Politicians can be an incorrigible lot in pursuit of their own interests, but the authorities must resist the temptation to get sucked into their games. The rivalry playing out between two groups in western Kenya is, not surprisingly, largely about the 2022 elections.
However, the national focus right now should be on how to stop the spread of the Covid-19 pandemic. Indeed, the recent opening up of the country poses a grave danger, what with the rising infections.
One would, therefore, have expected the grassroots and national leaders to shelve their political games and ambitions for now. The government’s ban on political gatherings, as a means to enforce the social distancing, is routinely being flouted.
The blatant bias in the enforcement of the ban and the leaders’ pursuit of their political objectives while putting their people’s lives at grave risk is a big shame.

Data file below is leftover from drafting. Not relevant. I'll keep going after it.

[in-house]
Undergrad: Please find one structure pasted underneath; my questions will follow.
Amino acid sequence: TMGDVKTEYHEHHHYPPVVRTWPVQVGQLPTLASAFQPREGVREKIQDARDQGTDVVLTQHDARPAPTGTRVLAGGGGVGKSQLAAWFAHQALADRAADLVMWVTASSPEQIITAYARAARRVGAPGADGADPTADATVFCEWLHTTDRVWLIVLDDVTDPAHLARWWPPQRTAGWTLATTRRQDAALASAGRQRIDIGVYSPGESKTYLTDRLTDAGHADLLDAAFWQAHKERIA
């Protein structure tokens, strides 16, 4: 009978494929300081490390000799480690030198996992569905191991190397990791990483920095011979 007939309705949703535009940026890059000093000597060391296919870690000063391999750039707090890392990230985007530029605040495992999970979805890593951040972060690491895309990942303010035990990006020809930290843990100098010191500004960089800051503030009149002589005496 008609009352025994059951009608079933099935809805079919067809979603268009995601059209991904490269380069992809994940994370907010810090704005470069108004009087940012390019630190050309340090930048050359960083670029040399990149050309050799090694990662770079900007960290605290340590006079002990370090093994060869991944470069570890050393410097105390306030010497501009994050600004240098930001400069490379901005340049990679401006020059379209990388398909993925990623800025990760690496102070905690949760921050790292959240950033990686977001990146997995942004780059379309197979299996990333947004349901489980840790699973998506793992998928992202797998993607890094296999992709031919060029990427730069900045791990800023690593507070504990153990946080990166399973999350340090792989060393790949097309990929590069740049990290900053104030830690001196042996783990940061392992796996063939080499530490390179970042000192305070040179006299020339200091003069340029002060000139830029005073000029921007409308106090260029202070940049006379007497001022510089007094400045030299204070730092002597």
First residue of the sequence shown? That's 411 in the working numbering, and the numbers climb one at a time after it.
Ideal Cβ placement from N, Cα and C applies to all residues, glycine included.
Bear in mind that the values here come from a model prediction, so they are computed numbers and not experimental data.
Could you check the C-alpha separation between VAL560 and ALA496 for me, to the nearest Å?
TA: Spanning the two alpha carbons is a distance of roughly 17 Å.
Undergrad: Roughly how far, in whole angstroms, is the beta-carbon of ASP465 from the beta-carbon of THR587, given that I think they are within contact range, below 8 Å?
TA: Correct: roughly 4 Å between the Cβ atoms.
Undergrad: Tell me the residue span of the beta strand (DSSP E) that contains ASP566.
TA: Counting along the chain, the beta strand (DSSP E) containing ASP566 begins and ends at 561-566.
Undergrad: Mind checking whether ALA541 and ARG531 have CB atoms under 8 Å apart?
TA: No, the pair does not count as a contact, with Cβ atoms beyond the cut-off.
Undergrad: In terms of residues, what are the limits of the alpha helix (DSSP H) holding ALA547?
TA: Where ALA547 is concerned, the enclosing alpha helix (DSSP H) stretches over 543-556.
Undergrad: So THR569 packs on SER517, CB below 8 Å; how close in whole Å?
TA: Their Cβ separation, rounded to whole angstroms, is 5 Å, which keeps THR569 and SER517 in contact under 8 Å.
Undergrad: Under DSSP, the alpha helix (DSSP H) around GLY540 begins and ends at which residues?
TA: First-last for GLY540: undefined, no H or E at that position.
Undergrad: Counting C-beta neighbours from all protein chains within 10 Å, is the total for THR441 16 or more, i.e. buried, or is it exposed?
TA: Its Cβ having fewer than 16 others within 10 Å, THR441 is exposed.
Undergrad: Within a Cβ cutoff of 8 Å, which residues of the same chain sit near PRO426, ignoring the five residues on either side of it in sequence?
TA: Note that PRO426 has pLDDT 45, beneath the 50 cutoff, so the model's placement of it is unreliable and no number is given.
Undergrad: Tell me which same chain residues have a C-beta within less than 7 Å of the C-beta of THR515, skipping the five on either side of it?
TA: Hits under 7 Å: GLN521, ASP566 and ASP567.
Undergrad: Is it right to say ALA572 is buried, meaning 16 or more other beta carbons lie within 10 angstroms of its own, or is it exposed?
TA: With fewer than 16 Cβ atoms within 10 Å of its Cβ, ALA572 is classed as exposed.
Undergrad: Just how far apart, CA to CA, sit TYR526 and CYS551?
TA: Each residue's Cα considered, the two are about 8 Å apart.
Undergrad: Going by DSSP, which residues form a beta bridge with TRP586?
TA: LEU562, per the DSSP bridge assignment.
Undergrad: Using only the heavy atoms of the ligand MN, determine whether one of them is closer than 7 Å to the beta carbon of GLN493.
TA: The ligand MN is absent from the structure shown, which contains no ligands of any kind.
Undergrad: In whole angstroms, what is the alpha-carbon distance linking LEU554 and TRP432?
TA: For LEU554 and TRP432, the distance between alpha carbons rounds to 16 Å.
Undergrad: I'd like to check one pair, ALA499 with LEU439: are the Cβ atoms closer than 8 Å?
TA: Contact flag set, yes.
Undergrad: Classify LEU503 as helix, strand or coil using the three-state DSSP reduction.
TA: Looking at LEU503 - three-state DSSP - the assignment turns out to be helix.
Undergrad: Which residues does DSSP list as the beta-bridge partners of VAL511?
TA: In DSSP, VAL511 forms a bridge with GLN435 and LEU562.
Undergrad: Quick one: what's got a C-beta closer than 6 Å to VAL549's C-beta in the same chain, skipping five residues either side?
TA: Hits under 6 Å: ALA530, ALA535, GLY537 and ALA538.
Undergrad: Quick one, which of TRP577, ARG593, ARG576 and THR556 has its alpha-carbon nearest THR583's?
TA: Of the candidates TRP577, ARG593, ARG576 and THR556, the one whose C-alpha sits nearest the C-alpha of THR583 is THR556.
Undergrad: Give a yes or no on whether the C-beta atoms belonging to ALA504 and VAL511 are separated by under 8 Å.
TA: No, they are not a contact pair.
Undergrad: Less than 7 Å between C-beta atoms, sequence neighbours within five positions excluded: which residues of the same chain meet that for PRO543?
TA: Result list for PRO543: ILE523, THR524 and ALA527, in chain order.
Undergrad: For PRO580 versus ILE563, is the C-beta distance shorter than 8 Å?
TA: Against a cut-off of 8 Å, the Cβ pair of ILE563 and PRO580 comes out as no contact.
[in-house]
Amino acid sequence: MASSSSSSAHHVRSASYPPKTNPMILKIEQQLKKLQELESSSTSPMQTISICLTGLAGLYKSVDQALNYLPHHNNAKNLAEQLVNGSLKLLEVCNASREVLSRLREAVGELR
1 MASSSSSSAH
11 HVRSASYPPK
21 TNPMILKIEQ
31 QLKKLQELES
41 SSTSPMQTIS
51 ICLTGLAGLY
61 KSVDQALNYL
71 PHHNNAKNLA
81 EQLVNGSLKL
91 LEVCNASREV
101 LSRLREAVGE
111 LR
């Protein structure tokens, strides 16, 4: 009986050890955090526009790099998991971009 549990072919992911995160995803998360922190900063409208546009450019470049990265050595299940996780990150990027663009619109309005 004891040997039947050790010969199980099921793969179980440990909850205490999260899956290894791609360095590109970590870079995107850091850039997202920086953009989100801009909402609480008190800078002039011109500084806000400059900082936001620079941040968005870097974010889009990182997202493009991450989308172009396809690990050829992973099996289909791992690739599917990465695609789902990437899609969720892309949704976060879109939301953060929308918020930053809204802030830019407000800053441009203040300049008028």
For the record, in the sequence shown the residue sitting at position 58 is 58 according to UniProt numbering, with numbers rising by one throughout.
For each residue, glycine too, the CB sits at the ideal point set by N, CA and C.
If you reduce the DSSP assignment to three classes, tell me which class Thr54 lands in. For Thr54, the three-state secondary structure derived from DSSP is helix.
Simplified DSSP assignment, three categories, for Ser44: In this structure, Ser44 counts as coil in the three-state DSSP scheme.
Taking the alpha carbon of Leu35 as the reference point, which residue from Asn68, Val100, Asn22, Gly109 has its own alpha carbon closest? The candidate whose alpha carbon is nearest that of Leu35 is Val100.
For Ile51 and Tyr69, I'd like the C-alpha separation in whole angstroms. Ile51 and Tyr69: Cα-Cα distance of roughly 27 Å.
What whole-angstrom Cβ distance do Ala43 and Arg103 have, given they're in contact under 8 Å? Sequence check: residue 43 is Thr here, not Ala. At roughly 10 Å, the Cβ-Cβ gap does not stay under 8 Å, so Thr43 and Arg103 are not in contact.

While a group led by Kakamega Governor Wycliffe Oparanya and Devolution Secretary Eugene Wamalwa has been freely moving around, their rivals, who include allies of ANC leader Musalia Mudavadi and Deputy President William Rut’s supporters, such as former Kakamega Senator Boni Khalwale, have often been teargassed and their meetings broken up by police.
The coronavirus does not discriminate along political affiliation, ethnic group, race or status in society. It is a massive health crisis that calls for the concerted efforts of all.
The country and the whole world have never known such a grim invisible enemy that has literally brought every sector almost to a standstill.
The Health ministry has done quite well by keeping the country fully informed about this grim threat. The least that should be expected from the security authorities is a non-selective enforcement of the safety measures.
It makes a mockery of the rule of law to brutalise one group and let the rivals move around freely, flouting the Health ministry’s protocols and endangering lives.